Anonymisation must be done on a case by case basis, having regard to all relevant risk factors and to the intended purpose of the anonymised data. However it is important to remember that if the data is simply coded and not anonymised then the DPA continues to apply. Organisations should consider the following when anonymising data:

  • satisfying itself that potential intruders will not be able to identify the data subject from the data, given the current state of technology and information available. As part of that assessment, organisations should consider any other information which may be available which would assist the intruder in identifying the data subject;
  • considering whether someone with personal knowledge of the data subject is likely to have access to the anonymised data when making an assessment of the level of anonymisation required. Individuals with personal knowledge of the data subject are far more likely to be in a position to identify data subjects from supposedly anonymised data. If an organisation is providing the anonymised data to a particular recipient or group, it should consider if there is a risk that the data might be shared beyond that intended recipient or group to someone who might potentially identify the data subject;
  • considering the value of the data to a potential intruder when assessing the level of protection to be afforded to anonymised data;
  • remembering its ongoing obligation to monitor and assess the level of protection afforded to anonymised data over time;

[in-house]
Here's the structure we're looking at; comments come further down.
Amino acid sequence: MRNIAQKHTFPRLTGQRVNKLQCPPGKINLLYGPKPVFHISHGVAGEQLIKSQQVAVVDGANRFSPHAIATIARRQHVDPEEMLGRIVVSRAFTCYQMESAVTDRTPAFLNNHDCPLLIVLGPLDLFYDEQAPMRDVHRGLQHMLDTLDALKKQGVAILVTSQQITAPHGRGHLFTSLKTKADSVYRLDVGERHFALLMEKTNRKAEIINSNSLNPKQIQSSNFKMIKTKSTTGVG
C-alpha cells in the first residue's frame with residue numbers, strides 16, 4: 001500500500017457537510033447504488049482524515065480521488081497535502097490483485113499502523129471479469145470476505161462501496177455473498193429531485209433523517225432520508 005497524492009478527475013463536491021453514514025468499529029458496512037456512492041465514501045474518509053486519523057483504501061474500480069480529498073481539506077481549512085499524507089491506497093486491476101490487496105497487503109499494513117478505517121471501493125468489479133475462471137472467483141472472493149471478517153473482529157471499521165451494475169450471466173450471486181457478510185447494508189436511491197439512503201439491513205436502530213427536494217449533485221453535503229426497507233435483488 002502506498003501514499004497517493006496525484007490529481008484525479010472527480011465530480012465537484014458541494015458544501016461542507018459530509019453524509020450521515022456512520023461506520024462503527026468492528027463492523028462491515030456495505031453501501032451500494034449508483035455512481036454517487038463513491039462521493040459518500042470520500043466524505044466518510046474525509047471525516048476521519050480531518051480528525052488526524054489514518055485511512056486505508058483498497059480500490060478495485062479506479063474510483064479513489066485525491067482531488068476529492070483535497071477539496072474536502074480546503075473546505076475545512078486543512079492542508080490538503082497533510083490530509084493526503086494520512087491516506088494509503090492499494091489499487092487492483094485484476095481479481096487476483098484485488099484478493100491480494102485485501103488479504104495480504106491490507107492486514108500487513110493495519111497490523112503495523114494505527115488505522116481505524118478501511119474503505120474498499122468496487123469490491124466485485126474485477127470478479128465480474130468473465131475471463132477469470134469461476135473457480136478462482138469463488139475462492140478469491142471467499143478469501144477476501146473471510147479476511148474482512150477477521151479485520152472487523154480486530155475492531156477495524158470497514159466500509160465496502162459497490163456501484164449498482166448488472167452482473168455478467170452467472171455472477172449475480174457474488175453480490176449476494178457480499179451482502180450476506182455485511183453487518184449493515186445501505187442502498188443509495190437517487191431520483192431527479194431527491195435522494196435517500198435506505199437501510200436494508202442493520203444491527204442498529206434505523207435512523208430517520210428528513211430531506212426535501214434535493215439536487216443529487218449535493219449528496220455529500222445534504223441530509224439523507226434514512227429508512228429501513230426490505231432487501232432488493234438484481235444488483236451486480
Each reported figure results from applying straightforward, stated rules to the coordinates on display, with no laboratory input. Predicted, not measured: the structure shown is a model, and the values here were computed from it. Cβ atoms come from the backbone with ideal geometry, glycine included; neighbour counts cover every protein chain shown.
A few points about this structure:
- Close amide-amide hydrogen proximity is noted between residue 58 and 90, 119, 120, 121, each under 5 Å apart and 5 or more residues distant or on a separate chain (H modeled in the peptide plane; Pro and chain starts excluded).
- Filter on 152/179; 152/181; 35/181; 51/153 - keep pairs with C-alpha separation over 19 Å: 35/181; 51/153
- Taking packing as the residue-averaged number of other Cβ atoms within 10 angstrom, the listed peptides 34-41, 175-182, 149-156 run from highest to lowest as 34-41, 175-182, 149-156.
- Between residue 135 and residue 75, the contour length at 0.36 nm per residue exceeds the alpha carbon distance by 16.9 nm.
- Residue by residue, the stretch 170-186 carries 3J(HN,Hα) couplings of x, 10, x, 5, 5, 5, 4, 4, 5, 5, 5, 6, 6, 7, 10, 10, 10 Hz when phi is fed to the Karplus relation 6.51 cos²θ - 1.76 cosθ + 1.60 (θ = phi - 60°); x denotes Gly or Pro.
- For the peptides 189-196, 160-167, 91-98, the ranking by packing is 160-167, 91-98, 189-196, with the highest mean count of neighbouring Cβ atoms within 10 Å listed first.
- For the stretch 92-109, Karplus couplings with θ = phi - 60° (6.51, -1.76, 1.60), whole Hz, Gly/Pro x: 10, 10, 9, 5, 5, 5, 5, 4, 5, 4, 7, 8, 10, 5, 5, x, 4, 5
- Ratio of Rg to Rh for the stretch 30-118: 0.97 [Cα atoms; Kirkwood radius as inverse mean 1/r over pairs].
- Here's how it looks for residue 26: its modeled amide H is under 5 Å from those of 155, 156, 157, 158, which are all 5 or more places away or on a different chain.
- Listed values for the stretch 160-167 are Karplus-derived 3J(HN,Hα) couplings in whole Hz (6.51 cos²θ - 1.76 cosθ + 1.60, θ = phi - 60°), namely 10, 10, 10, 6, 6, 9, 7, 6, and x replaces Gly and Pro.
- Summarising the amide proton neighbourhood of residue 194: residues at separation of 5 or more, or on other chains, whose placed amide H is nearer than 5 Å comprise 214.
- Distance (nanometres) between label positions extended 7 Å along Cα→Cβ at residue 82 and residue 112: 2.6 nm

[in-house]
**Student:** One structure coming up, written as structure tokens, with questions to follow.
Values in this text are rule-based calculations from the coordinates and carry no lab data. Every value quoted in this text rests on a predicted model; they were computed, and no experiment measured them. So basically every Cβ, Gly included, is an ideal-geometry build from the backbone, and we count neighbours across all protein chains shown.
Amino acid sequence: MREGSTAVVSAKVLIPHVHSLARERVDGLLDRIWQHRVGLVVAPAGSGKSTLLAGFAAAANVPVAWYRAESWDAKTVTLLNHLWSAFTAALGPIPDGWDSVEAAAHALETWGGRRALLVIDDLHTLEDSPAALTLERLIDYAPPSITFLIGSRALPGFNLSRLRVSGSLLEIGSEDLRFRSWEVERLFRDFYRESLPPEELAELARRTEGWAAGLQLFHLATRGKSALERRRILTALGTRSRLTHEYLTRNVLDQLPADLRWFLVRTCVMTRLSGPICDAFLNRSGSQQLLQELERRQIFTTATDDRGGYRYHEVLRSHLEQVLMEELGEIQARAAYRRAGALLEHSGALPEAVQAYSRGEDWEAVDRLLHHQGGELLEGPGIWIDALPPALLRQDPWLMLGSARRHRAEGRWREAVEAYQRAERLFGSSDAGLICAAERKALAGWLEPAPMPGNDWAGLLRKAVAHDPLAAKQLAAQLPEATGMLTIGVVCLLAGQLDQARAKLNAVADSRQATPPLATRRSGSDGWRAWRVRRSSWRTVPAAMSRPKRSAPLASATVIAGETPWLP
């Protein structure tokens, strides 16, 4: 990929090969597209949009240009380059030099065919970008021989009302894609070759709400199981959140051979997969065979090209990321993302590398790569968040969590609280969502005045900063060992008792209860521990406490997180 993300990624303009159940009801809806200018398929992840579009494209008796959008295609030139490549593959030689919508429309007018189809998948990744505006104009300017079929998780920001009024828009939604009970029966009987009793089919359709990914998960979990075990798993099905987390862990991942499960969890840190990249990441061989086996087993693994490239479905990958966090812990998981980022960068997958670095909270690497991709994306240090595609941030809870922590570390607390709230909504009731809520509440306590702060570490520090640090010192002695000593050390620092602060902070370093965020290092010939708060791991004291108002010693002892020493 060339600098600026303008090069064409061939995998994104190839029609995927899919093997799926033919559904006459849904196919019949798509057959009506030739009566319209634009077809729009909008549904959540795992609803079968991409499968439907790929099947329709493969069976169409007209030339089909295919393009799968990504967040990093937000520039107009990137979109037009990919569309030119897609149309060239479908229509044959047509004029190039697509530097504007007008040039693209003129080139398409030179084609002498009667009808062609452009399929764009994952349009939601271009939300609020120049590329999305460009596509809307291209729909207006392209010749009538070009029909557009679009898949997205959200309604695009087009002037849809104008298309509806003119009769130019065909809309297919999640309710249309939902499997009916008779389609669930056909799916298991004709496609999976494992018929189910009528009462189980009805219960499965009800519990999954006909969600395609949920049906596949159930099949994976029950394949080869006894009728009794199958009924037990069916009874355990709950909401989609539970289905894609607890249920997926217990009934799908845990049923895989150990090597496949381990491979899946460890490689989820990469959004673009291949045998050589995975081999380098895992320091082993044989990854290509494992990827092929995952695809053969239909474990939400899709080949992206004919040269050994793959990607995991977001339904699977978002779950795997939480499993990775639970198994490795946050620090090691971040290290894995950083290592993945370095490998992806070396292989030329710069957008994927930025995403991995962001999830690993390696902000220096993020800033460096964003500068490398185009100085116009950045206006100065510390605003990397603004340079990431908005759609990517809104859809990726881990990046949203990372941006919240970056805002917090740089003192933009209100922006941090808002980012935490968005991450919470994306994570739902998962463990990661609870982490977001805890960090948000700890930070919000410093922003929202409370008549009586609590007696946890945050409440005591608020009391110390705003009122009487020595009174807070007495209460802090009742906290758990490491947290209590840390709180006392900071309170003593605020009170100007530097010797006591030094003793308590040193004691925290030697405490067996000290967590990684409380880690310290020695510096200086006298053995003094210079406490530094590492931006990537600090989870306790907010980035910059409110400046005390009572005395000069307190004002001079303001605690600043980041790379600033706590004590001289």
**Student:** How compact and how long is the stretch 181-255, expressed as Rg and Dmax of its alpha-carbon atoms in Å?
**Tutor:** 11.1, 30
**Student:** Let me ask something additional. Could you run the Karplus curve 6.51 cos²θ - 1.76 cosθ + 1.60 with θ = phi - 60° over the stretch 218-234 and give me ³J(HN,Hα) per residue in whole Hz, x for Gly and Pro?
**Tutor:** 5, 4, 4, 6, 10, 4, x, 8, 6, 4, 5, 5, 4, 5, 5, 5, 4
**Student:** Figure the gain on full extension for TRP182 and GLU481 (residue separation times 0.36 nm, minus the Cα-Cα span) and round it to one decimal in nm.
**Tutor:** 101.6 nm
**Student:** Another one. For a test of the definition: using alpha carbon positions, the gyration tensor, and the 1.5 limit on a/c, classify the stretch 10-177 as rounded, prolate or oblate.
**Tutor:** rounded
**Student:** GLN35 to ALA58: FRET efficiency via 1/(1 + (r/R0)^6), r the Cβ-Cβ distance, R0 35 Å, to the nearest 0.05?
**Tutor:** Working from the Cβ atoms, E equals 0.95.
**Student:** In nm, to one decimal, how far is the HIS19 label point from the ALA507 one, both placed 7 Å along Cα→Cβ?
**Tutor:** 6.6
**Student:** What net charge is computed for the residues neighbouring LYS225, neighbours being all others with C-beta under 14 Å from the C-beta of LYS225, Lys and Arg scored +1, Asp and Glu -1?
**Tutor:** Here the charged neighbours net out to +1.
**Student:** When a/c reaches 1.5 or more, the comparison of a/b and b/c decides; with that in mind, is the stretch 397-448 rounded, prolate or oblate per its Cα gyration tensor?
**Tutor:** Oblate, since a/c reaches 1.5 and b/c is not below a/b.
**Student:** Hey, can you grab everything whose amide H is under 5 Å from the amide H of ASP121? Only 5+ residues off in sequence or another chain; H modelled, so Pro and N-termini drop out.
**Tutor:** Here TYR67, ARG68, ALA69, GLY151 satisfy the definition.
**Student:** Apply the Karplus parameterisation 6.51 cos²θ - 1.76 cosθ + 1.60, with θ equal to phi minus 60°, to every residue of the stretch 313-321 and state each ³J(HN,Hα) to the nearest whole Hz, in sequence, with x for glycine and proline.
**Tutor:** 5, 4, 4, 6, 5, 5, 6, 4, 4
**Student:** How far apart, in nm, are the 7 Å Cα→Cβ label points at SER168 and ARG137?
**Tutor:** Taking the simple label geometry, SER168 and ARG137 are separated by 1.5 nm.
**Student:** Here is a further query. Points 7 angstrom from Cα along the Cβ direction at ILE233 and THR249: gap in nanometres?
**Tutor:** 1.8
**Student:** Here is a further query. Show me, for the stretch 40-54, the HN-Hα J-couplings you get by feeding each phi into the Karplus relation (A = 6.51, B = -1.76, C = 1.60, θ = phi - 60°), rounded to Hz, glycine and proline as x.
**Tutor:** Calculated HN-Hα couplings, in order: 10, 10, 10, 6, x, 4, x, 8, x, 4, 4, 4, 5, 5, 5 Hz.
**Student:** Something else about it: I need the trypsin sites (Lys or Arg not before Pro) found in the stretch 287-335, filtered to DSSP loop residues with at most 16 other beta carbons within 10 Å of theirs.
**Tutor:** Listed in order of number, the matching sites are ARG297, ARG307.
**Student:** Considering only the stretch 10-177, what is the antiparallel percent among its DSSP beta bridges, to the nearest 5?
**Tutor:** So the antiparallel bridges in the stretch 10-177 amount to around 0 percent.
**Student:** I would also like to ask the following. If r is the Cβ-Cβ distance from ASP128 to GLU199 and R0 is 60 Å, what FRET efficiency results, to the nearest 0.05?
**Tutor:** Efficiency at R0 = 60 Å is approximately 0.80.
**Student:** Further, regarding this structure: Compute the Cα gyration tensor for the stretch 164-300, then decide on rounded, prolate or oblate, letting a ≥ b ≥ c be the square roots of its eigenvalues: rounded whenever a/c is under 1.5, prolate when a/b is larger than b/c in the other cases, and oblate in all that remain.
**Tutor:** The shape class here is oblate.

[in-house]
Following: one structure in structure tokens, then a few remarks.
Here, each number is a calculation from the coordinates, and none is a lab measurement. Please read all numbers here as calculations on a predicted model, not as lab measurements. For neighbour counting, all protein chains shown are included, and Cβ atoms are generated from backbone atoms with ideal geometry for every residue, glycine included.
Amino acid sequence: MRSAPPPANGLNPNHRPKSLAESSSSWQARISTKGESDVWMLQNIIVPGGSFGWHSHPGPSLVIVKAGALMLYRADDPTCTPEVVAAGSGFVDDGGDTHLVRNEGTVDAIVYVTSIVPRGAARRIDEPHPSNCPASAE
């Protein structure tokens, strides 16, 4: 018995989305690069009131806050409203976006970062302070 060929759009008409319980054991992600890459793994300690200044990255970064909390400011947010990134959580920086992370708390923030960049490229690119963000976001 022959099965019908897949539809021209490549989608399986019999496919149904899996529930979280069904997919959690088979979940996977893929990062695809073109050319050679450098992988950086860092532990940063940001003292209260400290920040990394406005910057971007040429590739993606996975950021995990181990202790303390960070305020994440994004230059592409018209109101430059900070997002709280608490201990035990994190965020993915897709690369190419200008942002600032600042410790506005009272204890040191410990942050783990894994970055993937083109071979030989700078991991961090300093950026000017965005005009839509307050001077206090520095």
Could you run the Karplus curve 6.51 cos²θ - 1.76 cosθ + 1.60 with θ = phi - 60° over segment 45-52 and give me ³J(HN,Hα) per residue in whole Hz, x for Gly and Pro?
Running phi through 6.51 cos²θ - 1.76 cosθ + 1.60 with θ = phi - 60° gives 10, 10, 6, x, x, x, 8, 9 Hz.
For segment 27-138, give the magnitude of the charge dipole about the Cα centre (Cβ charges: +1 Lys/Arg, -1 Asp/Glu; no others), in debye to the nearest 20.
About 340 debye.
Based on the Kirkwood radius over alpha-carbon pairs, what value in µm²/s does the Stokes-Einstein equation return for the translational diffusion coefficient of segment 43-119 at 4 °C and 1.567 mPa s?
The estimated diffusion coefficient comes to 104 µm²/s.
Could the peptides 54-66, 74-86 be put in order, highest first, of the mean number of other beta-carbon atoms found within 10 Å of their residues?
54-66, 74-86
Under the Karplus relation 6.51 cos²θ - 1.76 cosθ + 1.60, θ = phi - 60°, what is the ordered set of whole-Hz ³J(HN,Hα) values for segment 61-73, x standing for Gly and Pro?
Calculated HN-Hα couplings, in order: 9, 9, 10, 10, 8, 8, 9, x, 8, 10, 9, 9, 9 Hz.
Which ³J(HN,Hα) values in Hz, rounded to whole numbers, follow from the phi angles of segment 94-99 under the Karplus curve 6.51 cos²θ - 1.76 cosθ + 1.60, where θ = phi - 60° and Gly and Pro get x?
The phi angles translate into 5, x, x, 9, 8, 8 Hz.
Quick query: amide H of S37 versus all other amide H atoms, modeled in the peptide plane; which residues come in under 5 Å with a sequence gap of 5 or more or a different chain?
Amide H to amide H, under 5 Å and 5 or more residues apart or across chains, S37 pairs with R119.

• if it holds both the anonymised data and the source data, it should be careful to delete the source data at the time of anonymisation to prevent re-identification of the data subject from the anonymised data. Where re-identification of the data subject is possible, the data becomes personal data for the purposes of the DPA;
  • remaining cognisant that whilst the DPA might not apply to successfully anonymised data, other legislative provisions, such as the ePrivacy Regulations (which relate to 'information' rather than personal data) will continue to apply to such data; and
  • keeping any anonymised data under continuous review to ensure that it is being adequately protected. Although not subject to the provisions of the DPA, anonymised data which is no longer needed or being used should be deleted in order to minimise risk to the organisation.

The Article 29 Working Party's opinion on anonymisation techniques, Opinion 05/2014, provides detailed information in relation to anonymisation techniques for data controllers.

To read the ODPC's full guidance note, click here.

Authors

Rowena McCormack

Rowena McCormack

Dublin

+353 (0)1 231 9628